While Sony concentrated on games right from the start, their competition suffered from mixed messaging, poor marketing, and a lack of focus. Nintendo’s Wii U was more of a core gaming machine than the Wii, but the confusing name led many people to believe the console was just an add-on for the Wii, the bizarre, underpowered hardware contributed to a lack of third party support, and the tablet controller drove up the price without ever really being given a reason to exist. Microsoft, meanwhile, were still trying to convince us that Kinect was the future, as though saving us the two seconds it takes to extend our index finger and press a button on a remote control by talking to our consoles instead was anything but an expensive, irrelevant gadget. Sony’s “for the players” approach was a refreshing change of tune.

After two years on the market, my PS3 was essentially an ugly, noisy, blu-ray player that I occasionally played games on. Conversely, the PS4, in the same space of time, has built an impressive library of games spanning genres and price points, and the importance of that can’t be overstated. Sony are killing off the competition, and they’ve yet to release their Halo 5, or their Super Mario 3D World. Once the first party exclusive games like Uncharted 4, Gran Turismo Sport and Horizon: Zero Dawn start to arrive, their fortunes can only improve.

So what does this mean for the future?

Not even Mystic Meg could have predicted how well the PS4 would sell.

Not even Mystic Meg could have predicted how well the PS4 would sell.

Sony and their PlayStation 4 are absolutely dominating this generation so far. The Wii U is already done, and Microsoft are no longer releasing sales numbers for the Xbox One. For all intents and purposes, in terms of pure sales figures, the console war is over. But what does that mean in the grand scheme of things? Well, if you’re Sony then it’s tremendous news. For everyone else? Not necessarily.

The last time that Sony dominated a generation, they walked out on stage, announced that the PS3 would cost $600, dismissed concerns of consumers by telling them to get a second job if they wanted to afford one, and laughed at the notion of rumble in controllers as a relic of previous generations before sheepishly adding it back into their pads at a later date. Overwhelming success can often breed complacency, while stiff competition is the mother of value. PlayStation Plus and the Instant Game Collection are wonderful ideas that exist not because Sony felt like doing something nice for their fans, but because the Xbox 360 was eating into their market share and they needed to come up with something to get one over on the competition. Conversely, Microsoft, the company that thought it was okay to put subscription services like Netflix behind another paywall on their system while they were winning, have recanted on that, and have also now introduced their own “free games” initiative called Games With Gold since the Xbox One started getting pasted by the PS4.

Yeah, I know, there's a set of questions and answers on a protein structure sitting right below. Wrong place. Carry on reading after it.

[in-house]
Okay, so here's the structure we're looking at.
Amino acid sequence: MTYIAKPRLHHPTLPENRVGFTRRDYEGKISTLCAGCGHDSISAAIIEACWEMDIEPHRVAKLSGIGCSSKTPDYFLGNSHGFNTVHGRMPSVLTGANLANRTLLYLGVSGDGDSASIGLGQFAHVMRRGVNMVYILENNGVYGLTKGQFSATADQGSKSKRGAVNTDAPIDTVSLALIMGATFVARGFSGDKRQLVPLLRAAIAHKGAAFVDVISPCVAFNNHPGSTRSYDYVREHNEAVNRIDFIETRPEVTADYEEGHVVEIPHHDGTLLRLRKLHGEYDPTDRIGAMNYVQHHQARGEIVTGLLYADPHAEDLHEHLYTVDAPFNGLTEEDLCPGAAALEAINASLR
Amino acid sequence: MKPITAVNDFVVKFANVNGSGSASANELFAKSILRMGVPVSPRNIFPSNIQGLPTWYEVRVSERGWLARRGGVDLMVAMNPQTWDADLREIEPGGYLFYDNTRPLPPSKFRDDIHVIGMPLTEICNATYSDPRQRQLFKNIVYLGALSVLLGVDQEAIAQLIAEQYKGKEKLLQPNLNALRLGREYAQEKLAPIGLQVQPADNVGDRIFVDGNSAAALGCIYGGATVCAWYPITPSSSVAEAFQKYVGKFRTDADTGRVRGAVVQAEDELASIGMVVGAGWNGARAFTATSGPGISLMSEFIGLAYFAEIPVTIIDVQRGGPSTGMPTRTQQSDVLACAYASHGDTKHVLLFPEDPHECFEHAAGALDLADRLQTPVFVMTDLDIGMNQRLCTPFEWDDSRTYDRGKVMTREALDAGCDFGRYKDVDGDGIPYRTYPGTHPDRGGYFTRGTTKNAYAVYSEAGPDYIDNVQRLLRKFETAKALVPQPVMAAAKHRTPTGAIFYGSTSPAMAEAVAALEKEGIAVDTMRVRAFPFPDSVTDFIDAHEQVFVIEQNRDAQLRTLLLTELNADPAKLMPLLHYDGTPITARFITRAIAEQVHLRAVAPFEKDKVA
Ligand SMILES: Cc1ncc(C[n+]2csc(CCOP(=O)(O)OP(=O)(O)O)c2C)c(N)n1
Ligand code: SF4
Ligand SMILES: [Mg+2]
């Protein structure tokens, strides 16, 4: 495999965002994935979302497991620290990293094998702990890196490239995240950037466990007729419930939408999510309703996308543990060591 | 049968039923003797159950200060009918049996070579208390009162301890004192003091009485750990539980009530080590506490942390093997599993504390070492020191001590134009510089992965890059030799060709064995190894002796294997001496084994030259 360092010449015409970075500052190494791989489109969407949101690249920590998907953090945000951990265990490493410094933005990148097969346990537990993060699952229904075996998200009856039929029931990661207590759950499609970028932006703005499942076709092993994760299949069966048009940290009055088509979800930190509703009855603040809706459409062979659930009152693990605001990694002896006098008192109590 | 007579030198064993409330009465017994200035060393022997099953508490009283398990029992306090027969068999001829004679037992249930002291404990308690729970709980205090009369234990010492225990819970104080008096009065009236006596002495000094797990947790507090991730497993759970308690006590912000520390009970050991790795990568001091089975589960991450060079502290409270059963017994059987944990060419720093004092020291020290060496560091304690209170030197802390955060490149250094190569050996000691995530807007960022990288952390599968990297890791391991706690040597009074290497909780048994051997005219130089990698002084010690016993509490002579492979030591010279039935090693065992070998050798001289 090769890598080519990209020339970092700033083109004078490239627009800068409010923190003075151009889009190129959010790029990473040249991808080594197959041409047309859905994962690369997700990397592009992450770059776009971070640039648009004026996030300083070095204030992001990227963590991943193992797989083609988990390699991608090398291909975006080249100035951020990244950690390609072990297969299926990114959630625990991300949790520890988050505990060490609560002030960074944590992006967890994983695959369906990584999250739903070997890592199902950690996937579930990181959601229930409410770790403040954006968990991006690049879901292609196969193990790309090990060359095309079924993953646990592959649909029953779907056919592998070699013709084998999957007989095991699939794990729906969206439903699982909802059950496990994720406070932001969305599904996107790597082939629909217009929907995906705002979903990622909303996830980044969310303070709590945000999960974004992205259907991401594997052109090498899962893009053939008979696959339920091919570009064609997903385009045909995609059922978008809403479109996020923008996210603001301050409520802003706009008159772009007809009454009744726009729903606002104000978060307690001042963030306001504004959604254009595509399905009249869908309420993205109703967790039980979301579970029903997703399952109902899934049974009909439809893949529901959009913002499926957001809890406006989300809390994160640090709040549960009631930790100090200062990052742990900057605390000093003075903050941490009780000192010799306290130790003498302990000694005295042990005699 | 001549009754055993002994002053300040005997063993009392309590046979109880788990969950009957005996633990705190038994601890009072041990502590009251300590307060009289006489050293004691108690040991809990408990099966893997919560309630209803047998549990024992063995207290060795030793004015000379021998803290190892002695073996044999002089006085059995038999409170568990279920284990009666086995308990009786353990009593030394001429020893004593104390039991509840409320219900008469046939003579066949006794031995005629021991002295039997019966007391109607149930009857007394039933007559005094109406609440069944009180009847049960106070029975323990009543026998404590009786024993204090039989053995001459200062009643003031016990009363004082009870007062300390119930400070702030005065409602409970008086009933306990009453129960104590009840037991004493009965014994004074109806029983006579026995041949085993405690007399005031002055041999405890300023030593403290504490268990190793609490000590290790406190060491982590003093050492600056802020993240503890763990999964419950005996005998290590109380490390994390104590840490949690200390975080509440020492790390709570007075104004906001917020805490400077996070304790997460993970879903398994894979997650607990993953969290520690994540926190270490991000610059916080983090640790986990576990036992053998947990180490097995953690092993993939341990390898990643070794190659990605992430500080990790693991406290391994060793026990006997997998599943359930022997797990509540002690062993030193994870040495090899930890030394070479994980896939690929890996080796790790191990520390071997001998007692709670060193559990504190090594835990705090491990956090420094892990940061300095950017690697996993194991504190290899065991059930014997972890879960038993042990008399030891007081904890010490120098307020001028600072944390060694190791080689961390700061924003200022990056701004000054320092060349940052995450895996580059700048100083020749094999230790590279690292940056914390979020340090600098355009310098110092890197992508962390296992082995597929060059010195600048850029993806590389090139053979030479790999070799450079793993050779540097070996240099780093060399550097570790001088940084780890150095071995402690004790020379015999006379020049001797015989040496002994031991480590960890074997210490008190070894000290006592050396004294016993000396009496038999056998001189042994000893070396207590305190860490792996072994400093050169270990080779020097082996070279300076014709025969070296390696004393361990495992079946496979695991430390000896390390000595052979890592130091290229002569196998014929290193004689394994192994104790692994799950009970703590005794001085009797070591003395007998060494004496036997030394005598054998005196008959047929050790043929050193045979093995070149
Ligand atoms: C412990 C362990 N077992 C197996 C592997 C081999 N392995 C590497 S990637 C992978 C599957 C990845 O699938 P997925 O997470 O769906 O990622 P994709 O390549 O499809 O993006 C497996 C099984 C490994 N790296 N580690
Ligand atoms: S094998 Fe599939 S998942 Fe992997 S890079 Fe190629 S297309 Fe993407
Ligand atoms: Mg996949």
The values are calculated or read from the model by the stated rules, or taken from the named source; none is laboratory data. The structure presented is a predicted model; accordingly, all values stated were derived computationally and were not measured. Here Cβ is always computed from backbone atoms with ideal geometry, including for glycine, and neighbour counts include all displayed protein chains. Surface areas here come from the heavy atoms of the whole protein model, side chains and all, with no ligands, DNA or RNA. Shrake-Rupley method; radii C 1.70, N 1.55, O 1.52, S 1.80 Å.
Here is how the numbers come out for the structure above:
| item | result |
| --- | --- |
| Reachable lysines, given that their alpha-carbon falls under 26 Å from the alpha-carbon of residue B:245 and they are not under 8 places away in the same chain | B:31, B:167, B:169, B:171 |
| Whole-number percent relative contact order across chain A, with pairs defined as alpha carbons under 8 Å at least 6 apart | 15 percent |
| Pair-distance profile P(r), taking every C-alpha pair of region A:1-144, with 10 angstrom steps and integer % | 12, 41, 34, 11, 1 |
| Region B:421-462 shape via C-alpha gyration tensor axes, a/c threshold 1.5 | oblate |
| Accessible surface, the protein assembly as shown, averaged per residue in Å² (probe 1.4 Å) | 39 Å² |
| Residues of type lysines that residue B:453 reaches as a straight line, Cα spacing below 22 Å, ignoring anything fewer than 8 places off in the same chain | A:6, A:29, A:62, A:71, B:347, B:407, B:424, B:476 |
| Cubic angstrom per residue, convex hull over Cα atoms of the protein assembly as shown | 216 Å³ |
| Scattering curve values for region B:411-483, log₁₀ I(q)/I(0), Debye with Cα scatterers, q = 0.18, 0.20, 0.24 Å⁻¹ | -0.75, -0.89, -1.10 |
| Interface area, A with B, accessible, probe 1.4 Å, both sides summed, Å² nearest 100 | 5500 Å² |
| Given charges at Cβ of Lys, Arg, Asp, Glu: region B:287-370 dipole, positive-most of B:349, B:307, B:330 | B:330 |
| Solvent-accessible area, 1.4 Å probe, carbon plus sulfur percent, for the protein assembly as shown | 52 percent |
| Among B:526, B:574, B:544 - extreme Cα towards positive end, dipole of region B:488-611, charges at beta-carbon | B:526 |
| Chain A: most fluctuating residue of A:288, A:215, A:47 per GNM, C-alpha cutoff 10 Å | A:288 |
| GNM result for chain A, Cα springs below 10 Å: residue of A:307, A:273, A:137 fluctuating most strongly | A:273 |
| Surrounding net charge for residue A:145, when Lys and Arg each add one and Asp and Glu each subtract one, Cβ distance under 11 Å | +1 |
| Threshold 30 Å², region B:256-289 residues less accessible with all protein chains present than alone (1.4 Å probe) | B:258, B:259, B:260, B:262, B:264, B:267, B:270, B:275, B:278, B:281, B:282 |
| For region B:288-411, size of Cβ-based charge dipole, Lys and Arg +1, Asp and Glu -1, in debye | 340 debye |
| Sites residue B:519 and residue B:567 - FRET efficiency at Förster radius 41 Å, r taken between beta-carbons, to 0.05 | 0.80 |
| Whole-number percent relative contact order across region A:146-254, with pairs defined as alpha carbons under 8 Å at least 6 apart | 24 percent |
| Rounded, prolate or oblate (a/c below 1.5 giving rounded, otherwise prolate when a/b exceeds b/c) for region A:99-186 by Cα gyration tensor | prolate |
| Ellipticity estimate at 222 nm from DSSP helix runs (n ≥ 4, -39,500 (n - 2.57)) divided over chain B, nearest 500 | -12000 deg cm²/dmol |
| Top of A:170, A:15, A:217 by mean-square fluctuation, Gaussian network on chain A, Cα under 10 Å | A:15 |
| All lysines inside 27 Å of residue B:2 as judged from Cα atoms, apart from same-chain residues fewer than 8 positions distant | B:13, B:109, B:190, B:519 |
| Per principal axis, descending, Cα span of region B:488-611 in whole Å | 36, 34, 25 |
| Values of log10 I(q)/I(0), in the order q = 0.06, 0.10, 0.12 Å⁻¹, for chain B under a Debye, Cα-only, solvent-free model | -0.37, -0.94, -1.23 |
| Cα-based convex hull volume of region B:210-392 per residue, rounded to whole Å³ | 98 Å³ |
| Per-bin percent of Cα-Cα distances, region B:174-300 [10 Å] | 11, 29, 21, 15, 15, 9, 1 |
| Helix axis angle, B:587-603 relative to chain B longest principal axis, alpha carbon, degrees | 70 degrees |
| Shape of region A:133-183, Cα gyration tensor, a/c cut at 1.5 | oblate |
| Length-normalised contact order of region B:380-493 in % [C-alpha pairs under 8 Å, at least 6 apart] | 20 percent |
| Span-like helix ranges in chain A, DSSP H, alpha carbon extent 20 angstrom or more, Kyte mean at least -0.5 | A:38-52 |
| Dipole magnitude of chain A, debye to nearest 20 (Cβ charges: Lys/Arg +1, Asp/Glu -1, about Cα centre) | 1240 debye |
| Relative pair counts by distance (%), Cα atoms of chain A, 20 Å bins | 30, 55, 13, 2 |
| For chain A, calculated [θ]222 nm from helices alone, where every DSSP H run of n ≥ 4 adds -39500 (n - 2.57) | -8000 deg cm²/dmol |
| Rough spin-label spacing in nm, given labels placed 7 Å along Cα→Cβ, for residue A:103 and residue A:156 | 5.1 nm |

Competition is good for industry, and more importantly good for consumers. When there’s only one bar in town they can charge what they want for a gin and tonic. And nobody wants overpriced liquor.

Sony have done a lot right this generation, and their competition have done an awful lot wrong. Now they’re reaping the benefits. But as consumers without a stake in any of these companies, we should be hoping for Xbox One sales to improve, and Nintendo to come back strong with the NX. Competition is important for the industry to grow, and for consumers to get the best value out of what they buy. So while it’s important to congratulate Sony on their successes, and applaud their consumer friendly and humble outlook on this generation so far as a step in the right direction, we should also be hoping for their competition to step up their game, and really make Sony work for our affection in the years to come.

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John can generally be found wearing Cookie Monster pyjamas with a PlayStation controller in his hands, operating on a diet that consists largely of gin and pizza. His favourite things are Back to the Future, Persona 4 Golden, the soundtrack to Rocky IV, and imagining scenarios in which he's drinking space cocktails with Commander Shepard. You can follow John on Twitter at